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LinkedIn is my favourite social network, and I’ve been able to get more out of it than any other platform.
Around a year or so ago, I decided to invest time and effort into growing my LinkedIn presence and making the most out of my profile. I’d observed how useful the tool was for career and business growth, and I wanted to take my membership to the next level.
So, I chipped away at developing my presence by updating my profile, growing relevant connections, and delving deep into the functionality the site offers – while keeping my membership at the free level.
The results have been immense: my connections have skyrocketed, LinkedIn is the second highest referrer to my websites (only after Google), I’m a top contributor in several relevant networking groups with thousands of members, and I have messages every week from recruiters, connections and potential clients.
I believe making the most out of LinkedIn is about being smart and strategic. The obvious advice is to ensure your profile is polished and current (complete with a professional-looking image), to invite relevant connections that will benefit your business, and to request some genuine recommendations. But there are other key steps that can help to grow your online brand and business as well. Here’s what has worked for me.
1. Do what LinkedIn tells you to do
You might think you’ve added every job, skill, connection and interest that you possibly can. But LinkedIn knows better. On the right hand side of your home screen, LinkedIn tells you who you might know, who’s visited your profile, more skills you could add and key profile information you’re missing. For more tips, click on the big blue button inviting you to improve your profile on your profile page.
Tip: by following LinkedIn’s guidelines and suggestions, you can be certain your profile is as complete and accurate as possible. This leads to greater exposure among your professional network.
2. Ensure your profile contains relevant keywords
If you want to enhance your presence in your professional field and ultimately grow your business, you need to check that your profile is representative of your online brand. This means your profile should contain the most important keywords you associate with your business. Remember, be specific: think of terms that others would be likely to use to search for you.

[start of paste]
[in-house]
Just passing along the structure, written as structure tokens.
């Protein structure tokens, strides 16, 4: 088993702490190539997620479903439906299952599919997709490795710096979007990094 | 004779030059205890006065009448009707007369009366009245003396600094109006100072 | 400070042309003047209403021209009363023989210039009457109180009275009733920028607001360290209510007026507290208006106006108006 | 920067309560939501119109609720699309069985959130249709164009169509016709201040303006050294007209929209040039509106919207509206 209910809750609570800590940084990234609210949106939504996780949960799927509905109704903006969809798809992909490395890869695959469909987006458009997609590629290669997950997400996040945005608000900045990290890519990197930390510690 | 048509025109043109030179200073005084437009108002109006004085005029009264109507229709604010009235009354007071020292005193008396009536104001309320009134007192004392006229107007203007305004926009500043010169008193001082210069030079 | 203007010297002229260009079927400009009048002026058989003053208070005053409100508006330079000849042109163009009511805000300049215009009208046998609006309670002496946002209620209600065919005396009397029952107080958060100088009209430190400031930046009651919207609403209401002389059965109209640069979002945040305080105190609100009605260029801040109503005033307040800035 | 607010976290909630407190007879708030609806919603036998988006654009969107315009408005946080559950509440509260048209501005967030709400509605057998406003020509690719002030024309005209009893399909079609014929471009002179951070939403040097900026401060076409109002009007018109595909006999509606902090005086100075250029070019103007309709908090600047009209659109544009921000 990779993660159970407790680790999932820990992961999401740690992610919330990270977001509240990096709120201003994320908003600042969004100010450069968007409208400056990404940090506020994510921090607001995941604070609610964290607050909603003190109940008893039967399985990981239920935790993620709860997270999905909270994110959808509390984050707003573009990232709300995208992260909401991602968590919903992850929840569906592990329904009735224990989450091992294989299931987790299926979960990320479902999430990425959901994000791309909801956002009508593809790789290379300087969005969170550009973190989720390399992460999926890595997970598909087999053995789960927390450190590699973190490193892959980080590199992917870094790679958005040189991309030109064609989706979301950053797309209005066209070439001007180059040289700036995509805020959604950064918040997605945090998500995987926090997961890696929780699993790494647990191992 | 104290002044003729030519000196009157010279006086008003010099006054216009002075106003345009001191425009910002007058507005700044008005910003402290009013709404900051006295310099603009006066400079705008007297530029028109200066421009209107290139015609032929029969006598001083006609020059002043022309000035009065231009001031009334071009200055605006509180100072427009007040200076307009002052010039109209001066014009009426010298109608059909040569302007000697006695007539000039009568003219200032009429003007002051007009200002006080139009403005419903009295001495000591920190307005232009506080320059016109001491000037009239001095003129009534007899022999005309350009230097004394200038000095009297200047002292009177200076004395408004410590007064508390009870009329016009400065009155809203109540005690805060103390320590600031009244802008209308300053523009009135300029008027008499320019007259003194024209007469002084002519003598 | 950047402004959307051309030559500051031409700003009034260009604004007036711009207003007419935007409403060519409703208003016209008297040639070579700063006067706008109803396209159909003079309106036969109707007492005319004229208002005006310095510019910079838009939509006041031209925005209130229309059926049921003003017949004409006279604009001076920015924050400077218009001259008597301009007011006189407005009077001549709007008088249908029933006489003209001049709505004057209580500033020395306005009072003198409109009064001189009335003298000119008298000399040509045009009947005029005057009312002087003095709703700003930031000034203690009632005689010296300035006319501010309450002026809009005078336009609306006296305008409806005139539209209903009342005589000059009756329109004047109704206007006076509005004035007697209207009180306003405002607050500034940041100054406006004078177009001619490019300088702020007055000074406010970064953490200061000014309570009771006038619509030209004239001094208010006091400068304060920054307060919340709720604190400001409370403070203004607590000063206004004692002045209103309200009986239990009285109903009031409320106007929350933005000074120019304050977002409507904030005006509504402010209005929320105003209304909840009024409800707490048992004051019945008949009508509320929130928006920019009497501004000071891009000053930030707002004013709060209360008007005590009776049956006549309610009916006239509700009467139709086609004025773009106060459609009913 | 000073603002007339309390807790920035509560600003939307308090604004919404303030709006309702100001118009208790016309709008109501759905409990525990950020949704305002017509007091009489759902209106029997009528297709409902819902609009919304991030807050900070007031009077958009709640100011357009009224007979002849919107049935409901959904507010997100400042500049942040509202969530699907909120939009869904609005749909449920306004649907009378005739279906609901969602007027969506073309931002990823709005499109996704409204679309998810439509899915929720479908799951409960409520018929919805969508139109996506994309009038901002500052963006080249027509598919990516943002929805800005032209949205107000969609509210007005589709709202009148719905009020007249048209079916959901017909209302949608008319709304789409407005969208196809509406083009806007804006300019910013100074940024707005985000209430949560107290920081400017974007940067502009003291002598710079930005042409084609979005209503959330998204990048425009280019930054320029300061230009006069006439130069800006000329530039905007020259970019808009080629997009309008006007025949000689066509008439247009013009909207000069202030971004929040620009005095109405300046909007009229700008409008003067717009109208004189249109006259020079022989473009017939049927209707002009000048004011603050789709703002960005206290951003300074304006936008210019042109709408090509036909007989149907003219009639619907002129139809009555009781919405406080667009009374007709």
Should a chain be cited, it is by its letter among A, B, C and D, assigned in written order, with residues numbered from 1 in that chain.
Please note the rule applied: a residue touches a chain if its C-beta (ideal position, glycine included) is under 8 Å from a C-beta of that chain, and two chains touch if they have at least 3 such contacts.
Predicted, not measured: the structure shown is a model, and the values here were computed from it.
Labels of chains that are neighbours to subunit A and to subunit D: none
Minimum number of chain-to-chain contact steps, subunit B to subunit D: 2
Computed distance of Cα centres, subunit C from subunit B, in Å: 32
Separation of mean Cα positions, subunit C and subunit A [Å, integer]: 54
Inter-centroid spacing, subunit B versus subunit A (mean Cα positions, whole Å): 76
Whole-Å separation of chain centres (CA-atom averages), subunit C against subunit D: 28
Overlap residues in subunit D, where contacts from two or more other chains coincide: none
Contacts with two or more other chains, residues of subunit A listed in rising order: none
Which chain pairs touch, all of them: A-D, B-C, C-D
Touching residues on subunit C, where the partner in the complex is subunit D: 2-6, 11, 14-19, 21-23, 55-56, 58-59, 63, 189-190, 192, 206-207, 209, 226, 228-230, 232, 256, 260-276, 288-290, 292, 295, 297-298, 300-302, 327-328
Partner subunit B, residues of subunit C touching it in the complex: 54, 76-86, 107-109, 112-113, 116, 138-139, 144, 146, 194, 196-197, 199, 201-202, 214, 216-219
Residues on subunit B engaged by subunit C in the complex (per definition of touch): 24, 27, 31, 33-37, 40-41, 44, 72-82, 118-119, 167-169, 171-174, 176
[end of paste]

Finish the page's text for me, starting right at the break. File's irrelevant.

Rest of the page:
Tip: look at your title. Is it broad or general? Could you improve it? Does it include your business name? Look at how the leaders in your field have described themselves in their titles for inspiration.
3. Share content, sparingly
I share all my new posts on LinkedIn as updates and within groups, and as I mentioned earlier, LinkedIn is my second-highest source of traffic. Why? Because I’m promoting relevant content to targeted connections and groups. I don’t share everything in every group, though.
Tip: be careful not to duplicate content or spam your network. It’s not a good look to see the same post over and over in many similar groups, so you need to find a balance. I usually choose two groups when I promote my posts, so I’m reaching readers within my niche without overkill.
4. Understand who’s looking at your profile and why
You can’t always see who’s viewed your profile for privacy reasons, but you can usually get a feel for the types of users who have been checking you out. Think about what led them to your profile. Are they people you want to attract? Are they relevant?
Tip: study who’s looked at your profile every time you log in. If they’re not people you want to attract to your business, update your profile to be more representative of your business goals.
5. Read your news feed every time you log in
When you log in, take the time to see what your connections are posting, sharing and commenting on. This is your professional network, so you need to understand what’s happening inside of it. If you have competitors, keep an eye on what they’re up to as well.
Tip: interact with your connections by liking, sharing and commenting on their updates.
6. Play an active role in groups
It’s not enough to join groups about topics related to your business (key culprits include businesswomen, marketing and entrepreneurs) and leave it at that. You need to play an active role in the groups you’ve joined in order to get the most benefit. This means engaging in discussions and sharing content – your own (sparingly, remember), and posts by others you’ve found interesting.
Tip: join groups that contain a lot of members but that also have discussions on most posts. You can soon tell if groups don’t have an engaged membership if most of the posts don’t have any likes or comments.
7. Utilise LinkedIn for companies
Consider setting up a LinkedIn page for your business or company with the view to post your updates regularly and promote your brand by sharing your business activities. You can list services and get more followers for increased exposure.
Tip: find other relevant companies you are interested in and follow them. Study how they use the LinkedIn for companies feature for inspiration.
8. Promote your LinkedIn profile externally
Grow your list of relevant connections by including a link to invite others to connect with you at every client touch point. Include this on your website footer, about page, any guest blog posts, business cards, presentations, online bios, and email signatures. Remember, you don’t have to accept every connection that comes your way if it’s not relevant.
Tip: When you promote your LinkedIn bio, include a personal, friendly message inviting connections.
Finally – you guessed it – you can find me on LinkedIn here, and I’d be thrilled to connect if you’re in a likeminded business or industry. I’m also interested to read about how you use LinkedIn: what’s worked, and what hasn’t? So please do share your tips below!